Cloud Jacking: When the «internet cloud» becomes a target

03-12-2020

Author: Jan Tissler

Without cloud services, many processes in the modern working world would be inconceivable or at the very least much more complicated. And yet, «the cloud» is an extremely valuable target for hackers and blackmailers. Read here to learn what the attack routes look like and which countermeasures can be implemented.

Anyone who stores data in the cloud and uses the corresponding services probably feels pretty secure: surely the providers will take care of IT security? The problem is, service providers can only ensure the basic defense measures are in place. Beyond that, they have little influence over how the services are set up and whether they're used insecurely. And if a company employee were to accidentally disclose their login details, it will have all been in vain. At that point, the cloud service is as secure as a safe with an open door.

Attack routes and targets

Attacks on these services are also known as «cloud jacking». There are different scenarios users need to be prepared for:

Account takeover through (Spear) Phishing

One frequently encountered attack pattern is the takeover of cloud accounts through «(spear) phishing», whereby users are tricked into giving up their login details. This happens, for example, via fake emails and websites that look confusingly similar to their official versions.
Attacks of this type are now also being aimed at specific organizations or even individuals. More on this in this post.

Security gaps and incorrectly assigned access rights

It is also common for more well-known attack tactics to be used. In these cases, hackers try to smuggle in their code, for example by exploiting poorly protected database queries. Or the attack may be initially aimed at services and tools used for the operation or further development of the cloud offering itself.
Last but not least, incorrectly assigned access rights make it all too easy for attackers; if, for example, all of the company's employees are allowed to do everything in the cloud for reasons of convenience, hackers will have ample room to move.

Interception of data traffic

A successful attack won't always be immediately noticeable. The data traffic may be listened to first in order to collect further information. Or the documents and data that can now be called up will be evaluated and used for next steps.
In addition, the information provided could be manipulated in order to redirect users to fake pages, to slip in malware and much more.

Ransomware

Ransomware, on the other hand, until now has mainly been used to attack devices in an internal network, but can just as well get hold of data in the cloud. This will then be encrypted and only released for a ransom.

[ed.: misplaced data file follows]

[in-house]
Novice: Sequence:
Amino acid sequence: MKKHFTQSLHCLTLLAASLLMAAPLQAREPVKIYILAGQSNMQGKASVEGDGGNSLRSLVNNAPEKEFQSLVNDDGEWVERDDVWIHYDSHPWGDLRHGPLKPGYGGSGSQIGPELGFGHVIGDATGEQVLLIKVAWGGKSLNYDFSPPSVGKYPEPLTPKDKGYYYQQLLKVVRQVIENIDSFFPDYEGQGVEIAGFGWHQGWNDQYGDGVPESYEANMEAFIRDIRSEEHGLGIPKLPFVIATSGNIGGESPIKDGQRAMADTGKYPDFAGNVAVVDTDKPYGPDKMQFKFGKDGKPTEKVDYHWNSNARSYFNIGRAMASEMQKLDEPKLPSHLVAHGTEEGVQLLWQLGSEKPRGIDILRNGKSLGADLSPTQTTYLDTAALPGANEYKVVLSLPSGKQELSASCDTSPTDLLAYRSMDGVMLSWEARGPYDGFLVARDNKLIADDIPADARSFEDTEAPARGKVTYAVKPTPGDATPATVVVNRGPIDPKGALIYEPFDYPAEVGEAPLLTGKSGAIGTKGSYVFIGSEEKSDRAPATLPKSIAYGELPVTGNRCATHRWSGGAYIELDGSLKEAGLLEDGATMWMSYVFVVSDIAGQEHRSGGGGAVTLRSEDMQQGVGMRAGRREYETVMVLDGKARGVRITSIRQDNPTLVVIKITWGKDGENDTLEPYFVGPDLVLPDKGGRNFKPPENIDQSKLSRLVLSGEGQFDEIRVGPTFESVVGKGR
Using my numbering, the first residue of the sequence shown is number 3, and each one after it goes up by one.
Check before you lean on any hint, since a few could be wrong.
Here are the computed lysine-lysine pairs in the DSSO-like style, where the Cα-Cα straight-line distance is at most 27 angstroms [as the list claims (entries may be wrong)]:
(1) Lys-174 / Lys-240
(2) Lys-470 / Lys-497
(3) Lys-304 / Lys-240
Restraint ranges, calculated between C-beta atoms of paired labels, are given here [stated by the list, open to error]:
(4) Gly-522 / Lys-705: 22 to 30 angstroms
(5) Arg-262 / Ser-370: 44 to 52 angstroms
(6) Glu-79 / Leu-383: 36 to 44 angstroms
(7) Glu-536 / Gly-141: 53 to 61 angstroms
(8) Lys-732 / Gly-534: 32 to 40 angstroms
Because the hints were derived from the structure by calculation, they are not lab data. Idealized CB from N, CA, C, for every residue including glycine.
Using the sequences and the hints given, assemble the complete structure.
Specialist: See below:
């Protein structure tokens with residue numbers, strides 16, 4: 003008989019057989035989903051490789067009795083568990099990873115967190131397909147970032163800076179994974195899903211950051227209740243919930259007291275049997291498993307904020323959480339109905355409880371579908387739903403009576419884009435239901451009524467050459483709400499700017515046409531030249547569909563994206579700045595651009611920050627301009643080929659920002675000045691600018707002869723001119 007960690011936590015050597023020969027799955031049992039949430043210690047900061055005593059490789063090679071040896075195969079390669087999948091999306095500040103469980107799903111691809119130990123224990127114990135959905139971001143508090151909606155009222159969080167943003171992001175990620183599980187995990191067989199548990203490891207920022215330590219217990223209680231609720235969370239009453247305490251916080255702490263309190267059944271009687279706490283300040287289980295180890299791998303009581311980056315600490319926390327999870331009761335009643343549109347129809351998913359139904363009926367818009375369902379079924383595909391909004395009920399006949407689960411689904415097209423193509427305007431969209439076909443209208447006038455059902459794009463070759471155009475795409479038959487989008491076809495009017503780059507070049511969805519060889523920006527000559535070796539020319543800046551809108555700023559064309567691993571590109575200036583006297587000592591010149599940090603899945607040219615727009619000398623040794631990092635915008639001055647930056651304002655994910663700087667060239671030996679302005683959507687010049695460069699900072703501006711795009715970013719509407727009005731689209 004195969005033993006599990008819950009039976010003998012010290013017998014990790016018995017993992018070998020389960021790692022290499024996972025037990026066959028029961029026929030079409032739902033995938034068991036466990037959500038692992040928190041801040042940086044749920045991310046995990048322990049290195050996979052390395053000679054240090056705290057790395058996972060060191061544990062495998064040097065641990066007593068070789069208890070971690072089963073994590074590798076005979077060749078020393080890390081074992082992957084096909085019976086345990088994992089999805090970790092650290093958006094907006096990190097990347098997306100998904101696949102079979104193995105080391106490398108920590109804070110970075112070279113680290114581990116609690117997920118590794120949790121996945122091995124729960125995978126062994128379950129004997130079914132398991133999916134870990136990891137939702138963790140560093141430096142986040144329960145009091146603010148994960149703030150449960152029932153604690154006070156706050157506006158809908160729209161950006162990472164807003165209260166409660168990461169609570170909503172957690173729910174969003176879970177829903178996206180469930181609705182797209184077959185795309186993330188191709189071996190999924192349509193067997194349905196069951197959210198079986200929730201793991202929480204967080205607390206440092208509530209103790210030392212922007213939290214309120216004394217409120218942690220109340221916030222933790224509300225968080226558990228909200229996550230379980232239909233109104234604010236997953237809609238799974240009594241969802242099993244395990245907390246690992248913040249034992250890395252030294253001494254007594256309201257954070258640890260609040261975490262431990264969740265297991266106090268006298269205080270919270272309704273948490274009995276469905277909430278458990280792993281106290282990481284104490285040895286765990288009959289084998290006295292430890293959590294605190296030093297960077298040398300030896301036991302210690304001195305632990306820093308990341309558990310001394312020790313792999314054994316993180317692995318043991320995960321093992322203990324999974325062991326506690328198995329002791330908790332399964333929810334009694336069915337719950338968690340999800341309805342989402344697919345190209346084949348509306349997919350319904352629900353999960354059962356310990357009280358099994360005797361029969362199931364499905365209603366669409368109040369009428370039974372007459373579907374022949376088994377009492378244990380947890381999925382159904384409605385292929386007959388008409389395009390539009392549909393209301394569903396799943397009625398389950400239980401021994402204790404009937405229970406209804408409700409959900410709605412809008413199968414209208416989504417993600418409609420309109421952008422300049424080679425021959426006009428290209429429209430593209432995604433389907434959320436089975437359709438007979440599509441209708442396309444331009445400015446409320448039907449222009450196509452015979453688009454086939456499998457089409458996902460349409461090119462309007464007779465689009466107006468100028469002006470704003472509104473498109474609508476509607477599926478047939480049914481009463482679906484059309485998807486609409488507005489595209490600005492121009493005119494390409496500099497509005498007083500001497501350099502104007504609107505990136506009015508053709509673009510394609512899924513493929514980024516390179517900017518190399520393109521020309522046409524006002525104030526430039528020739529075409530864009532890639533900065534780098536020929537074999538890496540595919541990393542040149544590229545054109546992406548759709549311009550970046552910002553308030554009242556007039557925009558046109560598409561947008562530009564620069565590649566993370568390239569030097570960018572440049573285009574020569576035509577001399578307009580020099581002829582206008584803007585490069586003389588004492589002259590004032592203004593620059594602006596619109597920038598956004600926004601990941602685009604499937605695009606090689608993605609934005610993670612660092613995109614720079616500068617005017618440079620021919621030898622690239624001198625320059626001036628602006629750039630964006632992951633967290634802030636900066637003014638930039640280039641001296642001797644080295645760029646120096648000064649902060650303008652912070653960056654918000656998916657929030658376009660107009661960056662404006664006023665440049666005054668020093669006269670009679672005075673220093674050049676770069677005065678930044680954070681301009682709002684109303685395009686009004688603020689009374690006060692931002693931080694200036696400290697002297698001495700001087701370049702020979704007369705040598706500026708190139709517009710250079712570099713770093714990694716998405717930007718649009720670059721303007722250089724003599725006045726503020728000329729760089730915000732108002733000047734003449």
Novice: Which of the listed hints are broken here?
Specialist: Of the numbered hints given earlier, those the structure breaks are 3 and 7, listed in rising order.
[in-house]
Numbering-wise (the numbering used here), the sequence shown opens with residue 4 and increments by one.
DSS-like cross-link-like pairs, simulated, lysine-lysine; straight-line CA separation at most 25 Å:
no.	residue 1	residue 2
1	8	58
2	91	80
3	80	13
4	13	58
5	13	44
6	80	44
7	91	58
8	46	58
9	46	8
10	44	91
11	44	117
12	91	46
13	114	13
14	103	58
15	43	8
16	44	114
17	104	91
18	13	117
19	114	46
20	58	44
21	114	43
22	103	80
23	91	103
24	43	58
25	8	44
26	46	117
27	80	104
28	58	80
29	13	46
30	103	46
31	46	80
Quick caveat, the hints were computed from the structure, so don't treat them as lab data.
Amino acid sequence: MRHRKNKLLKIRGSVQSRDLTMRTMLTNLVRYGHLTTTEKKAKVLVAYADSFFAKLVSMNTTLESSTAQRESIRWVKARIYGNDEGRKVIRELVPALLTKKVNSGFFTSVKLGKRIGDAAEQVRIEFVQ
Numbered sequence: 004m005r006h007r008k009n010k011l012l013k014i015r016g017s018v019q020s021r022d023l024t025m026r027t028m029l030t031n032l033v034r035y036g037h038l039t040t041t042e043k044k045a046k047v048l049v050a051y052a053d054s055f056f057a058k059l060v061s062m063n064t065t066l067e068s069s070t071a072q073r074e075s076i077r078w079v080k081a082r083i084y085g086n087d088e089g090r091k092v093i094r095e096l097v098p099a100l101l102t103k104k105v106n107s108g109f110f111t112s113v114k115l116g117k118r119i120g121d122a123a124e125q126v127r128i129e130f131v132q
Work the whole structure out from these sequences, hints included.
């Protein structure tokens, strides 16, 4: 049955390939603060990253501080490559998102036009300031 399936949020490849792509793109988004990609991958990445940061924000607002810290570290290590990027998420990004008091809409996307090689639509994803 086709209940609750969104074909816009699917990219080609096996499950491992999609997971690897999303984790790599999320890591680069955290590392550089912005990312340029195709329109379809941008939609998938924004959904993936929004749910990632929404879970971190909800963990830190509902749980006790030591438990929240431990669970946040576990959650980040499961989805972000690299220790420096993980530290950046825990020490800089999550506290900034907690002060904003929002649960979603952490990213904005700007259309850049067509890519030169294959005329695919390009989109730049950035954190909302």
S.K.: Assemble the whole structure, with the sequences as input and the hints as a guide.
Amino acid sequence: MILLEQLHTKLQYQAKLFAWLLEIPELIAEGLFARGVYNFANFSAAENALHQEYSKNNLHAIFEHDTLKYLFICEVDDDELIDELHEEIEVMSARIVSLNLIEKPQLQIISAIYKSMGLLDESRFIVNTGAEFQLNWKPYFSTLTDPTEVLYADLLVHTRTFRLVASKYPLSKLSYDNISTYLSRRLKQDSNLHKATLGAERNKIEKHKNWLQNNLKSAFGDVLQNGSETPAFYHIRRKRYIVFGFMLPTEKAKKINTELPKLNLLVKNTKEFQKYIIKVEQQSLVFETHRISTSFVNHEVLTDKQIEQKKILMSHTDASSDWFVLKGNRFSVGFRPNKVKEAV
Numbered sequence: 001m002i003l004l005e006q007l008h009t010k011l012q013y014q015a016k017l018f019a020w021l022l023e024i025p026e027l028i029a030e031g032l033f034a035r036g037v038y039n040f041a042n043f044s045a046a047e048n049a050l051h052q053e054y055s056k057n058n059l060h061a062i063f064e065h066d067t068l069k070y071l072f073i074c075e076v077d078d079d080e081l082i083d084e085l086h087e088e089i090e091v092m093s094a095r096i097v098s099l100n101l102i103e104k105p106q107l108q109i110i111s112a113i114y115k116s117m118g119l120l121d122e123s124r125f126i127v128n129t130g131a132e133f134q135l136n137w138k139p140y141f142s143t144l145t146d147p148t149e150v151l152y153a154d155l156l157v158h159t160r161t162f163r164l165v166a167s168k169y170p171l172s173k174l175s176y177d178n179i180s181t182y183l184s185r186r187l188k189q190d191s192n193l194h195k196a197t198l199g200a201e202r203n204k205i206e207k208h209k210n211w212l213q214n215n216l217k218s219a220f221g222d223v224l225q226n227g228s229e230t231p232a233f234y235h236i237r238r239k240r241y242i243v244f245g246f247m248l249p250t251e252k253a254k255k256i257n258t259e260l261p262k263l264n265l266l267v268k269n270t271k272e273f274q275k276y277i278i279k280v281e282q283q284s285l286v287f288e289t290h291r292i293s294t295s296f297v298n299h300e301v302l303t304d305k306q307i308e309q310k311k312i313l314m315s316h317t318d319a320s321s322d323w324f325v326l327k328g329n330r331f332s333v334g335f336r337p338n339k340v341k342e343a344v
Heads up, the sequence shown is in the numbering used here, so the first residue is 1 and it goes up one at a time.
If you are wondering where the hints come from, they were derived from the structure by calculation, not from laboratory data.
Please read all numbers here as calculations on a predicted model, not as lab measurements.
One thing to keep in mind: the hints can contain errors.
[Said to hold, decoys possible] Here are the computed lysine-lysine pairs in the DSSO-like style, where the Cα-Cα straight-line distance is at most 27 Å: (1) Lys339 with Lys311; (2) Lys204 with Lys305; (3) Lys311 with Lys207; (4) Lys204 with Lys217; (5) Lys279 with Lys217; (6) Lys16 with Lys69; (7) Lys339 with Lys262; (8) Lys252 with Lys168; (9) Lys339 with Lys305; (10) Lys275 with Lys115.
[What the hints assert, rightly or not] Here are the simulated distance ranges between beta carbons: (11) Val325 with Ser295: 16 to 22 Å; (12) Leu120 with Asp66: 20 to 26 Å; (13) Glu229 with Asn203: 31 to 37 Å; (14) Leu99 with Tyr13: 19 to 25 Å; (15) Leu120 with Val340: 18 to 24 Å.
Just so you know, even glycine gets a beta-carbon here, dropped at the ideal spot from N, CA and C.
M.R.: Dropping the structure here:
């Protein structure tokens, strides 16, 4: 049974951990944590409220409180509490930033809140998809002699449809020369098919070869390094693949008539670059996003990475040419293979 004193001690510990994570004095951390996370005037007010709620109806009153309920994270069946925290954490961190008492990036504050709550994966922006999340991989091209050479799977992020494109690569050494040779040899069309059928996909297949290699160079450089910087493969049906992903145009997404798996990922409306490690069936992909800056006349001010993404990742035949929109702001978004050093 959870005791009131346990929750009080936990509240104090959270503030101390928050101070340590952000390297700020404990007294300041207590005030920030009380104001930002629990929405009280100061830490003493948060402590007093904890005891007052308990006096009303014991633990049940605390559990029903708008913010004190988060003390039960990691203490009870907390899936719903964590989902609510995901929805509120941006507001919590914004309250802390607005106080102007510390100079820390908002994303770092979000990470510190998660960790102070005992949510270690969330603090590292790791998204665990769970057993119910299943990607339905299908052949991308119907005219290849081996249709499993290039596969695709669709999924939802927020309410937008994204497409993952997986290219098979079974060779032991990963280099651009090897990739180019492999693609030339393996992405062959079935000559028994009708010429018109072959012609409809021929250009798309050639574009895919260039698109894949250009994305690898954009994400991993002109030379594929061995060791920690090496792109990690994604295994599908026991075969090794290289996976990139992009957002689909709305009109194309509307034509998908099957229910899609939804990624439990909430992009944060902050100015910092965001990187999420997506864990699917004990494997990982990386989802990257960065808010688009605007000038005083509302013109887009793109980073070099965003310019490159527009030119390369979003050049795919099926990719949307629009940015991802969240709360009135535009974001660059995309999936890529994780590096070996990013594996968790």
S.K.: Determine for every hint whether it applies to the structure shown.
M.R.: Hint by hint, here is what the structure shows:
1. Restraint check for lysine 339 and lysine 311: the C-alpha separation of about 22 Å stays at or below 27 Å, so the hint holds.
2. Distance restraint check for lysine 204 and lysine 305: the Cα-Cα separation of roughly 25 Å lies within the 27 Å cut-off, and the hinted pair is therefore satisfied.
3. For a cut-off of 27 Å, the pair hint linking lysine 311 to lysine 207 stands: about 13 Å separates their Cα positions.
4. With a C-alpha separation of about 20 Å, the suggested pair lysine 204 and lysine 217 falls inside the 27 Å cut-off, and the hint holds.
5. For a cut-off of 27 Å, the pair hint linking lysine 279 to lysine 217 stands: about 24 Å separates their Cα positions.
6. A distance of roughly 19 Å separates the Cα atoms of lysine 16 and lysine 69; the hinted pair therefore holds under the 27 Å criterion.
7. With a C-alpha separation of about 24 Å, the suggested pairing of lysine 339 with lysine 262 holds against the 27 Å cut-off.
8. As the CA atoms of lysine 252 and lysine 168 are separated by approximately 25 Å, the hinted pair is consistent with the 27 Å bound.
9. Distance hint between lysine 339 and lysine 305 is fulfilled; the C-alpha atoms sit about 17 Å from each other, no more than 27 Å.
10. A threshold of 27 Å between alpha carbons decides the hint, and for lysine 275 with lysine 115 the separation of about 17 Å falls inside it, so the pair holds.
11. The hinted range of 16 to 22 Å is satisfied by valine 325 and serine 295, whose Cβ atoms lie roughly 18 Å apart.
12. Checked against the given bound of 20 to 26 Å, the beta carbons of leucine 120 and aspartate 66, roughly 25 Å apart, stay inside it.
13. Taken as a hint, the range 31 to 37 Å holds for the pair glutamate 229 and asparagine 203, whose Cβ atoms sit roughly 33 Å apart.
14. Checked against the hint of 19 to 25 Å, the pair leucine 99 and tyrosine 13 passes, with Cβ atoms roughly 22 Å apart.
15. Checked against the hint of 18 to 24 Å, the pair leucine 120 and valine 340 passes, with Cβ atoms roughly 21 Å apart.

In the past, ransomware would be spread as widely as possible in order to extract money from a larger crowd of victims. Today, it is often the attacked companies and organizations themselves that are most likely to pay high extortion fees. The simple calculation is that the less an industry can afford downtime due to blocked computers and networks, and the higher the turnover, the greater the risk.

Island Hopping

At the same time, cloud services have the potential to become a starting point for island hopping: In this approach, attackers initially set themselves a more modest target, then proceed to another intermediate step, until eventually reaching the actual victim.
Therefore, organizations shouldn't feel safe just because their own data is not necessarily considered valuable. A prominent example: The momentous attack on the US retail chain «Target» came in through a service provider for heating and ventilation systems.

Countermeasures for companies

Countermeasures are primarily about closing essential gateways or at the very least strongly securing them:

  • First and foremost, this includes your own employees: They must always be kept up to date on the impending dangers and current developments. Ideally, scenarios such as phishing emails or phishing calls should be directly simulated.
  • It is also very important to clearly define internal processes: who is allowed to release what information and to whom?
  • The right tools should be available, such as up-to-date virus protection.
  • Regarding the cloud itself, it is crucial to regularly check its configuration. As mentioned above, this also includes access rights.
  • Multi-factor login should be a matter of course.
  • Likewise, depending on the service, access to certain IP addresses can also be restricted so that they can only be used via the company's own VPN tunnel.
  • In addition, these rules should be applied not only within your own company, but also with partners – no matter how small and harmless they may seem.

Last but not least, every company needs an emergency plan just in case something goes wrong. The data in the «Internet cloud» should be encrypted accordingly and cloud data should be available in more than one location: a backup strategy is also important here.

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